The best rules analyst on television will be with Fox for a long time. Also, CTE and Hillary Clinton. No, that's not a phrase you read every day.
1. Officiating guru Mike Pereira on new season
In the NFL, there really is only one person—just one—who can explain the complex, frustrating, impossible-to-decipher NFL rules book. His name is Mike Pereira.
Few can thread an impossible needle the way Pereira does. He has the respect of players and coaches. Game officials like and listen to him. He translates NFL rules, which read like Klingon, into something that can be easily digested. Most of all, when he makes a prediction on a call, it's usually correct.
That last part is more difficult than you think. Look no further than what happened to one of the brightest people on the planet, Mike Carey, who got numerous calls wrong. No, it's far from easy.
This is why I've long believed that Pereira is arguably one of football's most valuable assets. Fox definitely believes it, which is why the network recently signed Pereira to a multi-year contract extension, a Fox spokesman told Bleacher Report.
Pereira will be with Fox for years to come. That's a good thing because in the coming years, Pereira will be needed more than ever before.
The reason why is that officiating will continue to be one of the great topics when it comes to the NFL. The reason is simple: We are starting to see a shift in officiating personnel, from an older force to a less experienced one.
In fact, the league faces a trifecta of issues in the coming years: player conduct, labor uncertainty and officiating. Whichever network has a grasp on that third subject will have a major advantage when it comes to fans understanding the game. For now, Fox has that advantage in Pereira.
What many fans don't know is that the NFL is in the middle of big changes to its officiating force.
"It's going to be a rebuilding year," said Pereira, speaking of this coming season. "The good news is that when the league emerges from it, the officiating will be better than ever, when the officials get acclimated. They have a good leader in Dean Blandino and they are bringing in some good officials."
And the bad news?
"In the short term," he said, "you're going to see some bumps."
This means that in the next few years, we will likely see more wrong calls and games determined by mistakes. I hope I'm wrong, but I don't think I am. This will also be compounded by the fact that, as Pereira says, the NFL will likely add an eighth official.
Long-term? Good. Short-term? Buckle up. (Always wanted to say "buckle up.")
"It's still good," said Pereira, when asked about the quality of officiating. "I don't think it's as good as it was in some recent years, but it's still good. The problem with the officials now is that turnover."
When college refs enter the NFL, they find the speed of the game is remarkably faster. It simply takes time, maybe years, to adapt to that speed.
"It's not the Big Ten," he said. "The NFL is 22 players on the field with speed and skill. Not four or five."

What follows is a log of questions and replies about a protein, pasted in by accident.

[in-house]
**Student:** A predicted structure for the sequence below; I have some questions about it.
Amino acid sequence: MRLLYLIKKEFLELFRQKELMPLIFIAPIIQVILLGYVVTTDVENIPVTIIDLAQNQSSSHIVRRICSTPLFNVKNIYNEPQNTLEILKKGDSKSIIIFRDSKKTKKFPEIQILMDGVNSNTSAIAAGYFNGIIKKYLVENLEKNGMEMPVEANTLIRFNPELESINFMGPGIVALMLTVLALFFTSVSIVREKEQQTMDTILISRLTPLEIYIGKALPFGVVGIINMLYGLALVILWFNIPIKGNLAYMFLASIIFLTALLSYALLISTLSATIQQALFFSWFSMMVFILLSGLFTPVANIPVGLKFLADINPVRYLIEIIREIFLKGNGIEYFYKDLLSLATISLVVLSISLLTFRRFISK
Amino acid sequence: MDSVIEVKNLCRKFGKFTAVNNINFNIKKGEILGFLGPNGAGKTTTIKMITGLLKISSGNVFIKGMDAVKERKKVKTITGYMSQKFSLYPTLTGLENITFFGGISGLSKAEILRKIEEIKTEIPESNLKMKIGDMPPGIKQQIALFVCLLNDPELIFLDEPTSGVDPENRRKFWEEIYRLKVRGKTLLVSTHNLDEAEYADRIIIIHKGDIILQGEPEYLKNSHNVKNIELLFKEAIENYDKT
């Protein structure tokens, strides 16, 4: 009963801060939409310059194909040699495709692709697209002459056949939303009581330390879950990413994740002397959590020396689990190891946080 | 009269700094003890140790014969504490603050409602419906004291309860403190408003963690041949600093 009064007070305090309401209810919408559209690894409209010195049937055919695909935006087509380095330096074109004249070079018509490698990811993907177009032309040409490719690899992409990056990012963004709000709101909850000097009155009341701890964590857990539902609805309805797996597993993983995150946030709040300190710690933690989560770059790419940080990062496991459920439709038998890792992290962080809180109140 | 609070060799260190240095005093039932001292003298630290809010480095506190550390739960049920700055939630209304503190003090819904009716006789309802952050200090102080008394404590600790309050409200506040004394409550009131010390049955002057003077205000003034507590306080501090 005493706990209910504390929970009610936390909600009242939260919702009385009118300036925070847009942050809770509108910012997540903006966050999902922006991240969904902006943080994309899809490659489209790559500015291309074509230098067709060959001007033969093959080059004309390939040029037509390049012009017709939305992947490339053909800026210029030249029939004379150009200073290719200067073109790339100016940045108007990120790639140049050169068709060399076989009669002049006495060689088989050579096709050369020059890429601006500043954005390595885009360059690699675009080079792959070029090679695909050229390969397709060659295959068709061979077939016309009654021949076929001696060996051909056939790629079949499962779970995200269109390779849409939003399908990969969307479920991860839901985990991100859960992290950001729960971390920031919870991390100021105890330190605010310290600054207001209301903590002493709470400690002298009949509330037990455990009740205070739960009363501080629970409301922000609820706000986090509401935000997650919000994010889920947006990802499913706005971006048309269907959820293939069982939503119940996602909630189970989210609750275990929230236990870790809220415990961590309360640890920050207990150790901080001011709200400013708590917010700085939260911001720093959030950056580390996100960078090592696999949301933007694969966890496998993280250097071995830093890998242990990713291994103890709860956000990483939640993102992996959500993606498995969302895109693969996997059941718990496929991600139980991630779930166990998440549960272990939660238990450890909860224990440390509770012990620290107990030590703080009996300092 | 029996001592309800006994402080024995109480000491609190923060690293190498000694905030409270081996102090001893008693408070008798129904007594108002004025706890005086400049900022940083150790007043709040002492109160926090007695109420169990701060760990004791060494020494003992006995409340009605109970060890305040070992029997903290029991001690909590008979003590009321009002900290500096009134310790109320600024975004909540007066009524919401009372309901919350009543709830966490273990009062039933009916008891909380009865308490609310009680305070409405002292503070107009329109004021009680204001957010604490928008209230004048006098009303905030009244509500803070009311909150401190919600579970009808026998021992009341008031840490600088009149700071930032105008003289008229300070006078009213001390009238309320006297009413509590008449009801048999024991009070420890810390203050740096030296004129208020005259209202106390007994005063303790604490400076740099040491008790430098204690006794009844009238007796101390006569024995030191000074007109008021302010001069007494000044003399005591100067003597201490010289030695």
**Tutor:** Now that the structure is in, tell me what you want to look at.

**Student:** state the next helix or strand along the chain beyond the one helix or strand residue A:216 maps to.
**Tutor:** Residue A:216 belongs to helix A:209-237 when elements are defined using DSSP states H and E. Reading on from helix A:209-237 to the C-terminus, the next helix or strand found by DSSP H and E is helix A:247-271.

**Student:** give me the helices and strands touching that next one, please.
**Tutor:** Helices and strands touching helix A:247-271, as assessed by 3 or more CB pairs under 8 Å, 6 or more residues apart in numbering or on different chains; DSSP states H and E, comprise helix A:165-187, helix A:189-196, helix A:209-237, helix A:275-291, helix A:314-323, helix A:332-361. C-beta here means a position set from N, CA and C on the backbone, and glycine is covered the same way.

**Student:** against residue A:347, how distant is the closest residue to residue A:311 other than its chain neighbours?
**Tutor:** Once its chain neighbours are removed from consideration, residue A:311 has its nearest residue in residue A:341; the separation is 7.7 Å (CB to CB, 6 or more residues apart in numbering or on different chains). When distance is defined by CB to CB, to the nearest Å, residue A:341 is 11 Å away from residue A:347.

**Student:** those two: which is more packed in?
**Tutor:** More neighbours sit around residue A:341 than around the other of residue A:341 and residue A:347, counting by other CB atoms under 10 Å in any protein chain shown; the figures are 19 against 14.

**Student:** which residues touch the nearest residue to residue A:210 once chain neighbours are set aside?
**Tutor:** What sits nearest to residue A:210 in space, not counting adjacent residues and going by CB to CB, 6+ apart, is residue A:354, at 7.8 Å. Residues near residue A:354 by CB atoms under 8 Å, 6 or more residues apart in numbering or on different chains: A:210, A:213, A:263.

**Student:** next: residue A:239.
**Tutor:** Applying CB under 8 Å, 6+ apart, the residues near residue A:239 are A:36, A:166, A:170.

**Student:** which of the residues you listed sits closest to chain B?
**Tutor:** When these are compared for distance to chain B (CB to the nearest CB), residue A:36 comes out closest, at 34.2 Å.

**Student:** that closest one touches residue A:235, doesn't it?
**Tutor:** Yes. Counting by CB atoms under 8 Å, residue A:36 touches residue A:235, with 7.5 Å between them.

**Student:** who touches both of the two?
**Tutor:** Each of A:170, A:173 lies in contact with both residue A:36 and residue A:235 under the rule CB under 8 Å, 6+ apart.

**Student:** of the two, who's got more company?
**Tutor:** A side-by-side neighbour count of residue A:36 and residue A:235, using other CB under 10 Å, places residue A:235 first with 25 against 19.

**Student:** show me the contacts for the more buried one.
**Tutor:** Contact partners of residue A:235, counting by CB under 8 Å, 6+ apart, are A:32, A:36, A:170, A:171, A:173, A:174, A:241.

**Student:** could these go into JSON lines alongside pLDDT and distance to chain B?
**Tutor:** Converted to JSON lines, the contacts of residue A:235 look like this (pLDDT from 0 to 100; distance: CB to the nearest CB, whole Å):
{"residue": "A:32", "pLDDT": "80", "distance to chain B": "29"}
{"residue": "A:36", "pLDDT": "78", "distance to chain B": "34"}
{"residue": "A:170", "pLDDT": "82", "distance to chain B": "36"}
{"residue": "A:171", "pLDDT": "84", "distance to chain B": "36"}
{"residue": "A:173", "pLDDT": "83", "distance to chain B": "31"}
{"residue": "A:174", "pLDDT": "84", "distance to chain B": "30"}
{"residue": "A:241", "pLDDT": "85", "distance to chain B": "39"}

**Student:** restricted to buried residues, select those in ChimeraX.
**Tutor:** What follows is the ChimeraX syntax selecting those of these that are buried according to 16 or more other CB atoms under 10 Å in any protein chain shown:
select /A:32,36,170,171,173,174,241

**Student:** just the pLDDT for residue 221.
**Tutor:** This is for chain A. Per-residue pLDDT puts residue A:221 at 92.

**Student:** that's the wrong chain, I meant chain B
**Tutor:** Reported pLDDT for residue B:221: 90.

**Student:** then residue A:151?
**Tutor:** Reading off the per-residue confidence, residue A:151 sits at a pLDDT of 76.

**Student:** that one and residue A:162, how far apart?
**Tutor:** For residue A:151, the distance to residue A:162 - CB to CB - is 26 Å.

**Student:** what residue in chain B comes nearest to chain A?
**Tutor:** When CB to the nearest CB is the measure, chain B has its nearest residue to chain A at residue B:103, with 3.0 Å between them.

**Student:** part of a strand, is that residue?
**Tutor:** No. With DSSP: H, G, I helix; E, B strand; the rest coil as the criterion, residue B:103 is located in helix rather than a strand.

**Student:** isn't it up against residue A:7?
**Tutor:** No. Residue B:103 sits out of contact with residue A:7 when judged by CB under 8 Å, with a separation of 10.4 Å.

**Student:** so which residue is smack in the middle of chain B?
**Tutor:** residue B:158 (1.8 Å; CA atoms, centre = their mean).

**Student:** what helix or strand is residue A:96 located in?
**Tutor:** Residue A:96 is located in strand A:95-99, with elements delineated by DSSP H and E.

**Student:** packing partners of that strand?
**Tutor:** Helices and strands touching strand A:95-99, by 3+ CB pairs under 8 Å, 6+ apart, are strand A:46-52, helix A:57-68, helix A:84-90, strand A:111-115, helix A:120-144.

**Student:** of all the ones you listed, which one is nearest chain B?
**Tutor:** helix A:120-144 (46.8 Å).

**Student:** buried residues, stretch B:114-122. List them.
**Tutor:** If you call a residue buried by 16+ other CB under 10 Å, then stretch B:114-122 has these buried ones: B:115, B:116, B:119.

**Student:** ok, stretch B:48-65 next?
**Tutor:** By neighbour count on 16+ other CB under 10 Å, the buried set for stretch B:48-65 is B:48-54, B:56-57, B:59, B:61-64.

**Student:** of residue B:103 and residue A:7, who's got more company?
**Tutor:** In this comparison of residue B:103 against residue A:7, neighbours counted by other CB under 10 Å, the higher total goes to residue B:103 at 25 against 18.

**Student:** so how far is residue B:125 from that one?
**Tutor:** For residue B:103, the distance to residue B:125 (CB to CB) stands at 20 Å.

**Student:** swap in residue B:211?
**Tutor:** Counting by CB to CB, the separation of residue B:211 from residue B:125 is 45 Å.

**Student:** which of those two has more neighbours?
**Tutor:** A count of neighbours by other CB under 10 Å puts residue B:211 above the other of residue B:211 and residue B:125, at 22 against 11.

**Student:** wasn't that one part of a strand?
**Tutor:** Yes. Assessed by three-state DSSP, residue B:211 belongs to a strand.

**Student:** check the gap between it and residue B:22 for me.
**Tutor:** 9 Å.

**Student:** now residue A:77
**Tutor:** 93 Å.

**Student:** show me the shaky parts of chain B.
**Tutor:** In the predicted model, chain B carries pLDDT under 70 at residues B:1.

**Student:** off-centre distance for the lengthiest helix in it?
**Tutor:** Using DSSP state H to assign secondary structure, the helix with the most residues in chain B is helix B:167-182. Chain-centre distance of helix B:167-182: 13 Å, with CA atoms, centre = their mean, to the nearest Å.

How complex are the NFL's rules? Pereira remembers when he first saw the NFL's rulebook. "I thought, 'This is one of the most complex things I've ever read in my life.' Even today, when I read it, I discover something in it new to me."
So even to someone like Pereira, who knows the NFL rules as well as anyone, that damn rulebook can be confounding.
Pereira has done some impressive things recently. He started the Battlefields to Ballfields initiative, which helps veterans become game officials. He's also written a book called After Further Review that is due to be released in mid-September.
All great things and made possible by how he has turned something as complex as the NFL rulebook conversational. There's also been a learning process on the job. Pereira remembers once criticizing former Bears head coach Lovie Smith (now coaching at the University of Illinois) about his use of coaching challenges.
Smith then contacted Pereira. It was one of the rare times a coach called to complain. "The criticism I got back from him was fair," Pereira said. "He didn't see my role as criticizing a coach and he was right. I learned my lesson."
That's one of the things that makes Pereira good at his job—he adapts. Now, Pereira doesn't rip coaches or officials; he judges the correctness of calls.
So, yes, Fox has extended Pereira's contract. It's money well-spent because almost no one can do what Pereira does as well as he does it.
2. Josh Norman unfiltered?
Norman says the Washington franchise hasn't put restrictions on his speech the way Carolina did. He made this point in an interview with Kevin Van Valkenburg for ESPN The Magazine.
I think Norman is great for football, and I think he could be one of the best free-agent signings in years. I think he's that good.
Yet Norman's contention that he was somewhat restricted in what he could say in Carolina was called "pretty false" by a Panthers coaching source.
"Josh was never restricted by what he could say," the source explained. "The main thing that we did with Josh was try to keep his emotions in check on the field. But off of it? We allow our players to be themselves."
3. Roberto Aguayo and NFL pressure
Tampa Bay rookie kicker Roberto Aguayo may turn out to be a Hall of Fame kicker. His misses in the preseason may just be nerves as he adjusts to the NFL game. He could end up still being great. So everyone calm the hell down.
There's a reason why no team should ever trade up to the second round for a kicker. Or the third. Or maybe even the fourth.
It's not just that while kickers are valuable, they aren't that valuable. It's the pressure that such a move puts on the kicker.
The NFL makes cowards of many great men. It's what makes it so difficult to play in the league, and you never know how a human being will react under that kind of pressure.
Now, Aguayo has hired a "mental coach," according to Roy Cummings of 620 WDAE.
In many ways, all aspects of the draft are the unknown, but what the Bucs did was equivalent of traveling into Dominion space without shields or armor. It was completely and utterly foolhardy.
Again, Aguayo could be a brilliant kicker, but he could have been a brilliant kicker picked in the fourth round.
4. CTE makes it into presidential race
When I first heard about this, I thought it was a joke. But it wasn't. It happened. It actually happened. On this planet Earth.